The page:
Randy's Chicken Blog Has Moved

Well, Randy's Chicken Blog followers, this is it.  This is my last post on the old website.  I've moved from Blogger to a brand-new platform with a new domain name.  I feel like I've barely moved in at the new site--most of the furniture is moved, but I'm still doing some painting and there's still a lot of stuff in boxes.  My new home is with Square Space. Making the move is a bit of work, but ultimately, Randy's Chicken Blog will have a fresh new look with a lot more functionality! Go on over and take a look!  Like it says in the picture, the address is randyschickenblog.squarespace.com .

Need to check out the info from one of my old posts?  For the time being, all the old stuff will continue to be archived right here!

Meet the Flock Roundup - May & June 2018

The latest bit of paraphernalia that I've added to the coop to keep the girls entertained is a small mirror. Here Moe the Faverolles takes a quick look to make sure her feathers are all attractively in place.

A Carton of Eggs: Part 5—Vital Farms Organic Pasture-Raised Eggs

An egg carton: Great for keeping a dozen fragile eggs grouped together and cushioned.  Also, great as a blank canvas that can be filled with written and visual messages.  This is the fifth in a series of articles about all that info printed on an egg carton.

Also in this series:

For my fifth venture into egg carton messaging, I picked up a dozen eggs from Vital Farms at my local Whole Foods.  I first heard about Austin, Texas based Vital Farms when I ran across their very amusing and spot-on ad on the net.  In addition to being really funny, this ad calls “bullsh*t” (their word choice!) on all those eggs labeled “cage free.”  When you buy eggs with “cage-free” stamped on the carton, you probably think you’re doing the right thing.  Cage-free eggs are a huge improvement from eggs that come from hens living in tiny, cramped battery cage torture chambers.  But as Vital Farms points out in its ad, hens laying cage free eggs probably live in one square foot of space in a cramped barn and never get to go outside.  Vital Farms advertises its eggs as “pasture raised” and guarantees that each hen gets 108 square feet of outdoor space.  These seemed like my kind of eggs, so I bought some and then took a look at the information on the carton.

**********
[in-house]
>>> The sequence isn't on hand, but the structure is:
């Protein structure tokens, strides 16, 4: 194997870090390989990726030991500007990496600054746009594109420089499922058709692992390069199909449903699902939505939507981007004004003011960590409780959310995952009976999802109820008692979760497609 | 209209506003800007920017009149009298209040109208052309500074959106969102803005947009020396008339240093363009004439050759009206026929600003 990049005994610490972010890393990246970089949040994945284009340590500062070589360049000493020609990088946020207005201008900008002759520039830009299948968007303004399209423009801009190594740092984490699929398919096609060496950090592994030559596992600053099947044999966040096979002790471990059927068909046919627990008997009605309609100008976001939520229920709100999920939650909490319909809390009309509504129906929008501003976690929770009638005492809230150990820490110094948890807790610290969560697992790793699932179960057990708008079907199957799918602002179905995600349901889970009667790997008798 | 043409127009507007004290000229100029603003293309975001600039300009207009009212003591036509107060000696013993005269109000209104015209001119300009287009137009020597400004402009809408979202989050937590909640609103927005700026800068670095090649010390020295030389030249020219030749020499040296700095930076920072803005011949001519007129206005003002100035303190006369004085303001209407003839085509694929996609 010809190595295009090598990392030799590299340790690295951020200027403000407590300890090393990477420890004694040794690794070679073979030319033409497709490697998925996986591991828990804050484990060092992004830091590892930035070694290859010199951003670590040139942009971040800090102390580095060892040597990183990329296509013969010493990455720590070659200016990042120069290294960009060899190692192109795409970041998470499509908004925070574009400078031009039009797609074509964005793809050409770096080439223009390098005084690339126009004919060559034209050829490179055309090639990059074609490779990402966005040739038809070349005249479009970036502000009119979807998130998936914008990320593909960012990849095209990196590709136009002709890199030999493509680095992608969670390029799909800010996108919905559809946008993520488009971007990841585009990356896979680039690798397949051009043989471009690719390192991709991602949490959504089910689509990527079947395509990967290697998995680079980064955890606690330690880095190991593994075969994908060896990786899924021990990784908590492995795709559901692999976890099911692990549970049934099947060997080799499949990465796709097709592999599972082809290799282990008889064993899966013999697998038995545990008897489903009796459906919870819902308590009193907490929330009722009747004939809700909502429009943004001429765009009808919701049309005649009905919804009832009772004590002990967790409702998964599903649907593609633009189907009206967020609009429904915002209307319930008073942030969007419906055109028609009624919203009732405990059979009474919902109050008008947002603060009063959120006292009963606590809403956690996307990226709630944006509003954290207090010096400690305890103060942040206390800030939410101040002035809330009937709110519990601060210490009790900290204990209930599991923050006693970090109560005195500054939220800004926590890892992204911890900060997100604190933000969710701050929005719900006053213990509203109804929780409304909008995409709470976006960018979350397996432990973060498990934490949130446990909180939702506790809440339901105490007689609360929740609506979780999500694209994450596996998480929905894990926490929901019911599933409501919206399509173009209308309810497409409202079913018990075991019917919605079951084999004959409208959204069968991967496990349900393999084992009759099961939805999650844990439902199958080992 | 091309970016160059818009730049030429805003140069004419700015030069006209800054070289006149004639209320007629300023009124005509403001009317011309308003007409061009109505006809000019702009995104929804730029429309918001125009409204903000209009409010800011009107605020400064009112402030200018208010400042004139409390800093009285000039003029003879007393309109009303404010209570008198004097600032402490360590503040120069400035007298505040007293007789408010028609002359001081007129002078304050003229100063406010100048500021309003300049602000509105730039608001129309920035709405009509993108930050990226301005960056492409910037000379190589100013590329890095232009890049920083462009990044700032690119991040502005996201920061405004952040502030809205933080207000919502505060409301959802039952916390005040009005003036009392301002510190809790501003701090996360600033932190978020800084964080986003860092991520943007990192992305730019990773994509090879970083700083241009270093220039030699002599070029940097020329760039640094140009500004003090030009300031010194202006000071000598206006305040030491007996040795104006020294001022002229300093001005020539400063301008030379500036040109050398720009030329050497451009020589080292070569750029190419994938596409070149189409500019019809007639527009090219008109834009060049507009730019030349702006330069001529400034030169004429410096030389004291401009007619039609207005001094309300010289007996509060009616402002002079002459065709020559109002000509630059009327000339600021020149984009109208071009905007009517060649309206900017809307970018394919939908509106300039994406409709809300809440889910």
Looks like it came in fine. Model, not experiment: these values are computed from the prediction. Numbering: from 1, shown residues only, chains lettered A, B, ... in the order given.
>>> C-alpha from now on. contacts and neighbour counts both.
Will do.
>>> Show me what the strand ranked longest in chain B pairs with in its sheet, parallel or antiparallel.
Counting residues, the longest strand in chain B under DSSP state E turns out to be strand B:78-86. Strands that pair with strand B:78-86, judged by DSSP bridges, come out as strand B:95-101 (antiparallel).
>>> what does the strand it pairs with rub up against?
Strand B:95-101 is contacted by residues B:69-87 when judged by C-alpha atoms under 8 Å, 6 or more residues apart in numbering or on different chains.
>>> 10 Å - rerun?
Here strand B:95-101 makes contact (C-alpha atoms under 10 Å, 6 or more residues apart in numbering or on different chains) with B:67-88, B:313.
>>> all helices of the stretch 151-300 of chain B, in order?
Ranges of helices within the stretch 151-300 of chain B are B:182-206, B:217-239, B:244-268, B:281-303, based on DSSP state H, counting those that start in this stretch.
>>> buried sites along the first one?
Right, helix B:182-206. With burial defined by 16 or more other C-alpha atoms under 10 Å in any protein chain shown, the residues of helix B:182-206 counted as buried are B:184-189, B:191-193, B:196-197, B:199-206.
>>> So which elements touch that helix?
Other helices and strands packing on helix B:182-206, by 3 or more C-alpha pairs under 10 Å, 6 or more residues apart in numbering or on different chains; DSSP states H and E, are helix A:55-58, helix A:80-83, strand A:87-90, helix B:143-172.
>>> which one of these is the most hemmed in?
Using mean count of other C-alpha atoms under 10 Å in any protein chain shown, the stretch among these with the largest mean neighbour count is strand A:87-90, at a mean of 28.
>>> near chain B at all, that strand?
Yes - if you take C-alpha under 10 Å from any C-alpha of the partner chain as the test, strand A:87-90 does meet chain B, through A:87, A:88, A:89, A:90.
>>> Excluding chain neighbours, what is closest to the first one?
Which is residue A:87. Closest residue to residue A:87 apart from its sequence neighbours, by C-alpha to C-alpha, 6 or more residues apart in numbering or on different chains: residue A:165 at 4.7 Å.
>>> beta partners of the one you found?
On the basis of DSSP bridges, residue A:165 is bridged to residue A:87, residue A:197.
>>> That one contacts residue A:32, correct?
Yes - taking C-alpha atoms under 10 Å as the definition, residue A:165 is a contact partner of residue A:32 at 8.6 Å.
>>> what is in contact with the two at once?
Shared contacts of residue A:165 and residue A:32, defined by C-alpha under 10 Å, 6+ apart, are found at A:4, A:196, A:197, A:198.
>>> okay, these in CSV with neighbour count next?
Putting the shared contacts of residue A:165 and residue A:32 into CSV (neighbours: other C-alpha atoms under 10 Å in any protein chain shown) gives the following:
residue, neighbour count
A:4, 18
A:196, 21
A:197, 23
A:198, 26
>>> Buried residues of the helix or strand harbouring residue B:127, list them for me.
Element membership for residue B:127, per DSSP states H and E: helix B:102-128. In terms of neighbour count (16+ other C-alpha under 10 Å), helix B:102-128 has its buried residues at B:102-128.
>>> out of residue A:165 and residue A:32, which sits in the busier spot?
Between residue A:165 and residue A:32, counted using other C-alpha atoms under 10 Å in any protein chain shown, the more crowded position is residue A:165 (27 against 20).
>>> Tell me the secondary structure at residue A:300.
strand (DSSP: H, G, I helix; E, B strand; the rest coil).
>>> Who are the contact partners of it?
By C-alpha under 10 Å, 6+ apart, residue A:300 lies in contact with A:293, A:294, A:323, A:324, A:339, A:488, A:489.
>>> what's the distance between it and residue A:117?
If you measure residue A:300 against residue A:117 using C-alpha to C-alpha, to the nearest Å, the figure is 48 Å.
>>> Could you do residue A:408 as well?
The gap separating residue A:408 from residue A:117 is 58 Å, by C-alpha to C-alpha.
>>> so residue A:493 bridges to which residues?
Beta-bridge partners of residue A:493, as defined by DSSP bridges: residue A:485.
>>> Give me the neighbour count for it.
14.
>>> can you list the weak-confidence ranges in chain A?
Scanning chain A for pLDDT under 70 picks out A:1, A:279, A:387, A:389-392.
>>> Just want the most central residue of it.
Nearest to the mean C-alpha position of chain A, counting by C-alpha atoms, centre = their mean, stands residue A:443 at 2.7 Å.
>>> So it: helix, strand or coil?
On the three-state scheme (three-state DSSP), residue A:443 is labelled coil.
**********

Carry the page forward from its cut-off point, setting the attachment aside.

Meet the Flock Roundup - March & April 2018

 Moe the Salmon Faverolles saunters through the tractor alley in the pole barn. I let the girls into this normally chicken-free space occasionally in the winter to break the monotony. On warm days I open the pop door to the chicken run whereupon all the hens rush to the door, take one look out and exclaim, “What?? There’s still snow out there!  Why would we go out there?”

When Your Hen Dies

I dedicate this post to the memory of Snowball the Silkie Rooster, whose good and happy life in my coop ended just last week.  And to Arlene, Emily, Courtney, Angitou, Buffy, Willow, Veronica, and Charlie - all of whom passed within the last 12 months.  It’s been a tough year for the flock—and for me.